Key Distribution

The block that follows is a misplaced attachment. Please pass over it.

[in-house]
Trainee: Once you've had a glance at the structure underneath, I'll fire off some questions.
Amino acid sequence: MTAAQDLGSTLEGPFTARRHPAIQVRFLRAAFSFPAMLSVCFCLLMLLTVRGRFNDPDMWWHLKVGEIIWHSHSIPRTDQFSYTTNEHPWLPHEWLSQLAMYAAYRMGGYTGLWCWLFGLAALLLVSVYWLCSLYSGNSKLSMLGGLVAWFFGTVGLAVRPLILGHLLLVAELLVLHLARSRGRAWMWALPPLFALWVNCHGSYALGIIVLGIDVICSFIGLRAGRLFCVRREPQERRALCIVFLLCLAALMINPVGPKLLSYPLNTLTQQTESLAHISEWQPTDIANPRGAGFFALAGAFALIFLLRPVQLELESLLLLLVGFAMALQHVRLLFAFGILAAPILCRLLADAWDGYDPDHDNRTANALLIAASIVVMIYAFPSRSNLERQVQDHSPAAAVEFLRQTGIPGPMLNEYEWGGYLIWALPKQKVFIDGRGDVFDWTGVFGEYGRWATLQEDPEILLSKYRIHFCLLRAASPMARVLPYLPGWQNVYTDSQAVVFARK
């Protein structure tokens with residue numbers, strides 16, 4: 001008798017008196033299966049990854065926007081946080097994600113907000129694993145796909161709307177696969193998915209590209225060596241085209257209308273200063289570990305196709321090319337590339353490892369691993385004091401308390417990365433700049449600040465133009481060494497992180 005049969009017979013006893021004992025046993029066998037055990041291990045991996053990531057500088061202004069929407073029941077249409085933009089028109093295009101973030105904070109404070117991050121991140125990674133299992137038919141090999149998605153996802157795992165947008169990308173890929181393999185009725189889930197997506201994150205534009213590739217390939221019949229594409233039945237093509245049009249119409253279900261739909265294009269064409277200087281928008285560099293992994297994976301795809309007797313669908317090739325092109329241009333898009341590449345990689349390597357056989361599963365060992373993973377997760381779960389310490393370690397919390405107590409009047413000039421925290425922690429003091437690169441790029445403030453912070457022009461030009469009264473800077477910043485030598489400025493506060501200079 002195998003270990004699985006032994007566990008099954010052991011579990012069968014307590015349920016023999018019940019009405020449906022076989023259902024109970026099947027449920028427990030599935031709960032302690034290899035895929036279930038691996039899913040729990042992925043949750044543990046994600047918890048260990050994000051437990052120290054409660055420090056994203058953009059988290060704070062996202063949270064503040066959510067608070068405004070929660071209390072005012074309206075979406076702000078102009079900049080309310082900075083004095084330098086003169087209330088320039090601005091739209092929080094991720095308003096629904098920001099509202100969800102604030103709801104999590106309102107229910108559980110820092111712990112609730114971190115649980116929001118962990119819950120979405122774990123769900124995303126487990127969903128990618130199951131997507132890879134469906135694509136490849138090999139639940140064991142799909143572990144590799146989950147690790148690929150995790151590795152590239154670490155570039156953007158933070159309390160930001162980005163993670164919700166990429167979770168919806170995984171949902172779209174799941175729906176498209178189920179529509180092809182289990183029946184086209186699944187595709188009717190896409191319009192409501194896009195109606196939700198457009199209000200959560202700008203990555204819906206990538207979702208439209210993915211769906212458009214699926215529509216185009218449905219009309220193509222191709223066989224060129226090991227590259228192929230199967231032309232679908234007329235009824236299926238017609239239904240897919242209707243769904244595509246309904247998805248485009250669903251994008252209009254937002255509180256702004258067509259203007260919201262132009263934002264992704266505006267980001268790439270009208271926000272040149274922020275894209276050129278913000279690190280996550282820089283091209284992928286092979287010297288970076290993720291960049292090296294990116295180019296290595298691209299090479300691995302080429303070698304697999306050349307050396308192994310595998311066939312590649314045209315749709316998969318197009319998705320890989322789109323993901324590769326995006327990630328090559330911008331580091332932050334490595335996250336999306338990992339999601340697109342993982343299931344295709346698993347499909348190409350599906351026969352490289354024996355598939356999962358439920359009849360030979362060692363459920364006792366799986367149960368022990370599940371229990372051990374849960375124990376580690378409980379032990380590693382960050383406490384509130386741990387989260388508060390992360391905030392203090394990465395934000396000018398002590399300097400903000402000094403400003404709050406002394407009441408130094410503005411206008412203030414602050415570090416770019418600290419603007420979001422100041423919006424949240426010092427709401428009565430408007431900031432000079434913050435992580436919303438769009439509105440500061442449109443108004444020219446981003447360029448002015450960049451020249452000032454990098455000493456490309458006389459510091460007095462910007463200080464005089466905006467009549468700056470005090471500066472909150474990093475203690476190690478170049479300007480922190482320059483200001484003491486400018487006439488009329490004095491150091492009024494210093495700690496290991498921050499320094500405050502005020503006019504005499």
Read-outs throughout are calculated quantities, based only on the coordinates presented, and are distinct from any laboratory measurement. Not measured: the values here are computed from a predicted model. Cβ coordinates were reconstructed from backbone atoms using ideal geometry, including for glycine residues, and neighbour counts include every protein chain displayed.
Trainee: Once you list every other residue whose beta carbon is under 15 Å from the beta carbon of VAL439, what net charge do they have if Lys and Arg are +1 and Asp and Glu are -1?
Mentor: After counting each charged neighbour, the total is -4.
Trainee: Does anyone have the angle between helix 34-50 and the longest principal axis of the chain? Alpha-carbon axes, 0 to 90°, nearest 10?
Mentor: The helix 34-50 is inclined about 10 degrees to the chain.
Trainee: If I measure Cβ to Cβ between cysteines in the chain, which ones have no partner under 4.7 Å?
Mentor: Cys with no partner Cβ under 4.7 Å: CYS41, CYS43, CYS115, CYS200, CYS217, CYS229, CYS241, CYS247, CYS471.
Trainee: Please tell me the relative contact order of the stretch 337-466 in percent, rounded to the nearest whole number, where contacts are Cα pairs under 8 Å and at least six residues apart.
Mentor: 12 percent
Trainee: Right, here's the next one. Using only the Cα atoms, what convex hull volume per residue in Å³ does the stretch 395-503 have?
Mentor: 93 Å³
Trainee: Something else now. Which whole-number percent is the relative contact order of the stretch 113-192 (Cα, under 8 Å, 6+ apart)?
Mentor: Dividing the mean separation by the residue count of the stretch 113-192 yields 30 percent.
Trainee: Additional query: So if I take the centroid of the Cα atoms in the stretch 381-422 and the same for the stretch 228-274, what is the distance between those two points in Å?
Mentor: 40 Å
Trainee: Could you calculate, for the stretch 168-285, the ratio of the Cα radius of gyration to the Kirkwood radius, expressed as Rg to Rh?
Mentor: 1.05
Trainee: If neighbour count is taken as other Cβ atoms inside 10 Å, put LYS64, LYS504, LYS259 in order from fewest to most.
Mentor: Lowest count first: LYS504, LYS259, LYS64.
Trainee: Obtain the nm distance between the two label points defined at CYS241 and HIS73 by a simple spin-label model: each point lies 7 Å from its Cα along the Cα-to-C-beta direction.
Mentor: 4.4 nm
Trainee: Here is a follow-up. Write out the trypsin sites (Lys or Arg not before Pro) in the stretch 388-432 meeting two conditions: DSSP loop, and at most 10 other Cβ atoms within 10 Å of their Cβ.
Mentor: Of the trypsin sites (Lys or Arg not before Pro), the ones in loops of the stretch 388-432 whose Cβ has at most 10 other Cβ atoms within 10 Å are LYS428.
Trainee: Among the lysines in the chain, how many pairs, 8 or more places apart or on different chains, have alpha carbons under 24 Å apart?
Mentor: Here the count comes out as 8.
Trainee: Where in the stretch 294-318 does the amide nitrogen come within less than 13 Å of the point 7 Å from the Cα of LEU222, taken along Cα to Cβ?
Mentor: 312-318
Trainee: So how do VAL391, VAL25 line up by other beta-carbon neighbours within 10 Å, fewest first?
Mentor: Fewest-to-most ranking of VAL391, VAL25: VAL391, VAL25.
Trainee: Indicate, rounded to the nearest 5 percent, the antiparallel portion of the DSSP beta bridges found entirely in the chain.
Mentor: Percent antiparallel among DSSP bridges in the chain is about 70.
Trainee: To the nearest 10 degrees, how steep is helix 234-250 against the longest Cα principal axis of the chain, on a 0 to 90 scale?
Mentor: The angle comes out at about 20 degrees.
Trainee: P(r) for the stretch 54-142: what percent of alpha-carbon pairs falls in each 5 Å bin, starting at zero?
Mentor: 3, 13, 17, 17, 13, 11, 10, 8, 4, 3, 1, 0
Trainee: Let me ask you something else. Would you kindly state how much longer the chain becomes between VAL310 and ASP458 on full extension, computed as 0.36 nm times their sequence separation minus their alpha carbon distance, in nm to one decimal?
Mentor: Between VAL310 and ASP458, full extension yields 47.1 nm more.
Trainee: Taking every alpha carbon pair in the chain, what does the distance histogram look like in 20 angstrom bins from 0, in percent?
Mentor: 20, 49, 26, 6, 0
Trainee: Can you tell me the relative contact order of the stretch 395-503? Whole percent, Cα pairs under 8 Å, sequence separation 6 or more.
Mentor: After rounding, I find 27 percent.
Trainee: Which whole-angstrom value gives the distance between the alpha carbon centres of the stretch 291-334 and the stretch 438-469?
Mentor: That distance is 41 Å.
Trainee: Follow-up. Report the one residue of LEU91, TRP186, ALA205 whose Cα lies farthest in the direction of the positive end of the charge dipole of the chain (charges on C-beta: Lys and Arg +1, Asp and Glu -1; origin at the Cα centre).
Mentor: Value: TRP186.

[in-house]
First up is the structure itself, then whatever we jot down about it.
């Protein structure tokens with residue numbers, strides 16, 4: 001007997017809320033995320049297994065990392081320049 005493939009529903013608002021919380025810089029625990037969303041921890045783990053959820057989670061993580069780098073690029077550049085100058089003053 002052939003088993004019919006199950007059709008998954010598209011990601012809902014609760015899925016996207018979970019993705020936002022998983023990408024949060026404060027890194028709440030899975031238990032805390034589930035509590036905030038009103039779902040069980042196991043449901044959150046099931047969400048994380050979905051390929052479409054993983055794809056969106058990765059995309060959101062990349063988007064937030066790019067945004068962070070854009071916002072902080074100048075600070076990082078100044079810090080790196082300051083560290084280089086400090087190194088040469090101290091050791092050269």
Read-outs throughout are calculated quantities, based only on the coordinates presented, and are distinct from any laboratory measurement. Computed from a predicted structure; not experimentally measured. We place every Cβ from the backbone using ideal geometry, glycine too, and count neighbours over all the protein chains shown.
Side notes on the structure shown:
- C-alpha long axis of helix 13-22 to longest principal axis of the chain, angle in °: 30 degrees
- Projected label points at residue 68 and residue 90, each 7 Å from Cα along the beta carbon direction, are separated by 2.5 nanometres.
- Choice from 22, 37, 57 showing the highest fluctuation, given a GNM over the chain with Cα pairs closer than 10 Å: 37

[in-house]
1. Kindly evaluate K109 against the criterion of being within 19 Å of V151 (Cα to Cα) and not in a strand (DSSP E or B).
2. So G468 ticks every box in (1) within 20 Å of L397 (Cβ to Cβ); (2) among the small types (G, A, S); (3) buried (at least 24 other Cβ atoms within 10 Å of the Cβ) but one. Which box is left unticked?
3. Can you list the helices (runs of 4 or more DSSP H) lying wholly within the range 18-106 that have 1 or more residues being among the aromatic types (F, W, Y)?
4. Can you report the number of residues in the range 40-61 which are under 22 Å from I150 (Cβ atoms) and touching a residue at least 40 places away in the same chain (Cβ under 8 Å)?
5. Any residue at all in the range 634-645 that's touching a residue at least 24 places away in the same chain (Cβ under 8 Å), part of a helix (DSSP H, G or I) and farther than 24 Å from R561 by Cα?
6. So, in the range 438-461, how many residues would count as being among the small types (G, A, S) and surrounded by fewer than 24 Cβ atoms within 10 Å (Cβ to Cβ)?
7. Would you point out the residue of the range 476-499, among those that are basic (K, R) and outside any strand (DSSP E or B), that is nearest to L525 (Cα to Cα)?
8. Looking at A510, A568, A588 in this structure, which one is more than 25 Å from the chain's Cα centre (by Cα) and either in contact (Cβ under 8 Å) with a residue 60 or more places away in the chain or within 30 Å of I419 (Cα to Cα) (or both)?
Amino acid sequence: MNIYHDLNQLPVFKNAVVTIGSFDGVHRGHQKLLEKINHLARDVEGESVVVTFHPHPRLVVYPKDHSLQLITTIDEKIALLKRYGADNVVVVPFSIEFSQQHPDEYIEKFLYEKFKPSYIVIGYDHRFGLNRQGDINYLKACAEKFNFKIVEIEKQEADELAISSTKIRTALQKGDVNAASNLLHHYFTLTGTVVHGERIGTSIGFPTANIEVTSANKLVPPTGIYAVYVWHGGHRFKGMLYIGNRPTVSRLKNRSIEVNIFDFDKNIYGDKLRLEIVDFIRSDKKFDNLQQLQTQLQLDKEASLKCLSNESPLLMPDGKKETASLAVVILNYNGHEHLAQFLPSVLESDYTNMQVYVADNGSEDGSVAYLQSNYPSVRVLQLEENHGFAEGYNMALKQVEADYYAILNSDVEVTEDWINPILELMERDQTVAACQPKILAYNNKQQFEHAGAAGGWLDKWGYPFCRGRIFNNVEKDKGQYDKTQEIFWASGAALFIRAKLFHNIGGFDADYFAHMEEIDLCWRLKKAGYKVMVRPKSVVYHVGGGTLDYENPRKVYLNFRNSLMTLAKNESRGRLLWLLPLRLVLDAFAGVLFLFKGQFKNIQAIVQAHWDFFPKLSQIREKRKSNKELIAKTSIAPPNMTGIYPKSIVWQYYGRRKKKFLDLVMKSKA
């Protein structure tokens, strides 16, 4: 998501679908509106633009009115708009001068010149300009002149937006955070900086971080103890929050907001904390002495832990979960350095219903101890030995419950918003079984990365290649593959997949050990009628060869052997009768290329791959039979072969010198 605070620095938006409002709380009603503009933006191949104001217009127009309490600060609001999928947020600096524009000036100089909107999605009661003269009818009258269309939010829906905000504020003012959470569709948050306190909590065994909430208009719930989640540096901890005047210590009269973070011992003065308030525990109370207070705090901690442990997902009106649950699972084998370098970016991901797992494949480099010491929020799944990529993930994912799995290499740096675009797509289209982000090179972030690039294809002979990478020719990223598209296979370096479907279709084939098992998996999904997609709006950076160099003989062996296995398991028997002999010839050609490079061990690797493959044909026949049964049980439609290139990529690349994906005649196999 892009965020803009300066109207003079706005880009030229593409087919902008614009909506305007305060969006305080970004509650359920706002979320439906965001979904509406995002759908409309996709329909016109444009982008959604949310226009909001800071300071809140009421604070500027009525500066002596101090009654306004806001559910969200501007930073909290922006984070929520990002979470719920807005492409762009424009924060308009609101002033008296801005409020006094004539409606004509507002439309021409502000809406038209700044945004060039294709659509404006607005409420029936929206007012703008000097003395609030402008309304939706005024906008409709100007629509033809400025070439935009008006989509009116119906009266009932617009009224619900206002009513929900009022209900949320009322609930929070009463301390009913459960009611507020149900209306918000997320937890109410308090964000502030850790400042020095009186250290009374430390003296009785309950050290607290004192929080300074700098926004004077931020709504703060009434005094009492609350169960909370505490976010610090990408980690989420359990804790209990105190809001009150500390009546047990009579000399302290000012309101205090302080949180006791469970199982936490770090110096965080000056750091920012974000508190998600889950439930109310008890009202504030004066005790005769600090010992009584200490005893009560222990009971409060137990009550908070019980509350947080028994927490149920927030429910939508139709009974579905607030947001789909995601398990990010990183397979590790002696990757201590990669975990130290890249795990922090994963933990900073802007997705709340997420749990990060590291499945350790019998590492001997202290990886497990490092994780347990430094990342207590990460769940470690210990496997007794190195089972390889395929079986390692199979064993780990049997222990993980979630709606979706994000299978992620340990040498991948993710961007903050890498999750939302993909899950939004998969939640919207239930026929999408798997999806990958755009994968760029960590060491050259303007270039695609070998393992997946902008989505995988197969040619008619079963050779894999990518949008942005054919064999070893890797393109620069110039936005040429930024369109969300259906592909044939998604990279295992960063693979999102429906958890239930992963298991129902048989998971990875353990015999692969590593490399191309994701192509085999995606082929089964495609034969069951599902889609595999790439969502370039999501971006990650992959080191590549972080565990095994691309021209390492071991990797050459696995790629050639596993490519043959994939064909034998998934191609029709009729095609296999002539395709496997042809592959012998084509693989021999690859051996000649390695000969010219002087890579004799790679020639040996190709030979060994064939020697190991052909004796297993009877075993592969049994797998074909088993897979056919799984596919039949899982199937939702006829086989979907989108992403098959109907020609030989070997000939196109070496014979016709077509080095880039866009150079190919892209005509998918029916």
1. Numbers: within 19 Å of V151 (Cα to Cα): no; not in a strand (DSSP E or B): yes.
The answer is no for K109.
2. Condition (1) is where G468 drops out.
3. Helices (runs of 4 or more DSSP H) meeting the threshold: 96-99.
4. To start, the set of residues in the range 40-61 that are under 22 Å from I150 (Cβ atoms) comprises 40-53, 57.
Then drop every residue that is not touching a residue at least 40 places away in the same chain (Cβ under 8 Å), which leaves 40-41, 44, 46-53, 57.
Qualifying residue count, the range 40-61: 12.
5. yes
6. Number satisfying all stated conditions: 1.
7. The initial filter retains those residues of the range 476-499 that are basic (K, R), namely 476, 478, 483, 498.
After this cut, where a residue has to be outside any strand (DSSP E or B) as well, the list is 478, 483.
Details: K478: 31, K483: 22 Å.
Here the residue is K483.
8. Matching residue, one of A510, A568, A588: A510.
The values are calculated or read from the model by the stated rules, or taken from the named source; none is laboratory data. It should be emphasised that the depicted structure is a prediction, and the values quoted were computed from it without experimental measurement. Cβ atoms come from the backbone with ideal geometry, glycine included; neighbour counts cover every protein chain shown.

A classic problem in security in distributed systems is that of how to distribute the keys. In traditional world without computers and networks, it is done <#806#> out-of-band<#806#>, by meeting, letter, phone call etc. In networks now, we usually have a two level system of trusted servers (e.g. the X.500 Directory server, or even a secure subset of World Wide Web servers has been suggested). These can hold public keys publicly, and private keys for individuals with access control appropriately set. More recently, as networks have merged into the Internet spanning all countries and walks of life, a fully distributed trust model has also emerged, and is displayed in PGP (Pretty Good Privacy). Here, instead of a hierarchy of agency approved trusted key managers, certified with the authority of governments, individuals form a web of trust, by listing those they trust to introduce them to others, and vouch for the authenticity of a public key. This has social advantages, but suffers from one potential disadvantage, which is that the revocation of a key can be difficult to archive globally. The interesting thing about the PGP model of distributed trust is that it is more open, and at the same time can be made more inherently secure, than a system where an arbitrary central authority delegates trust.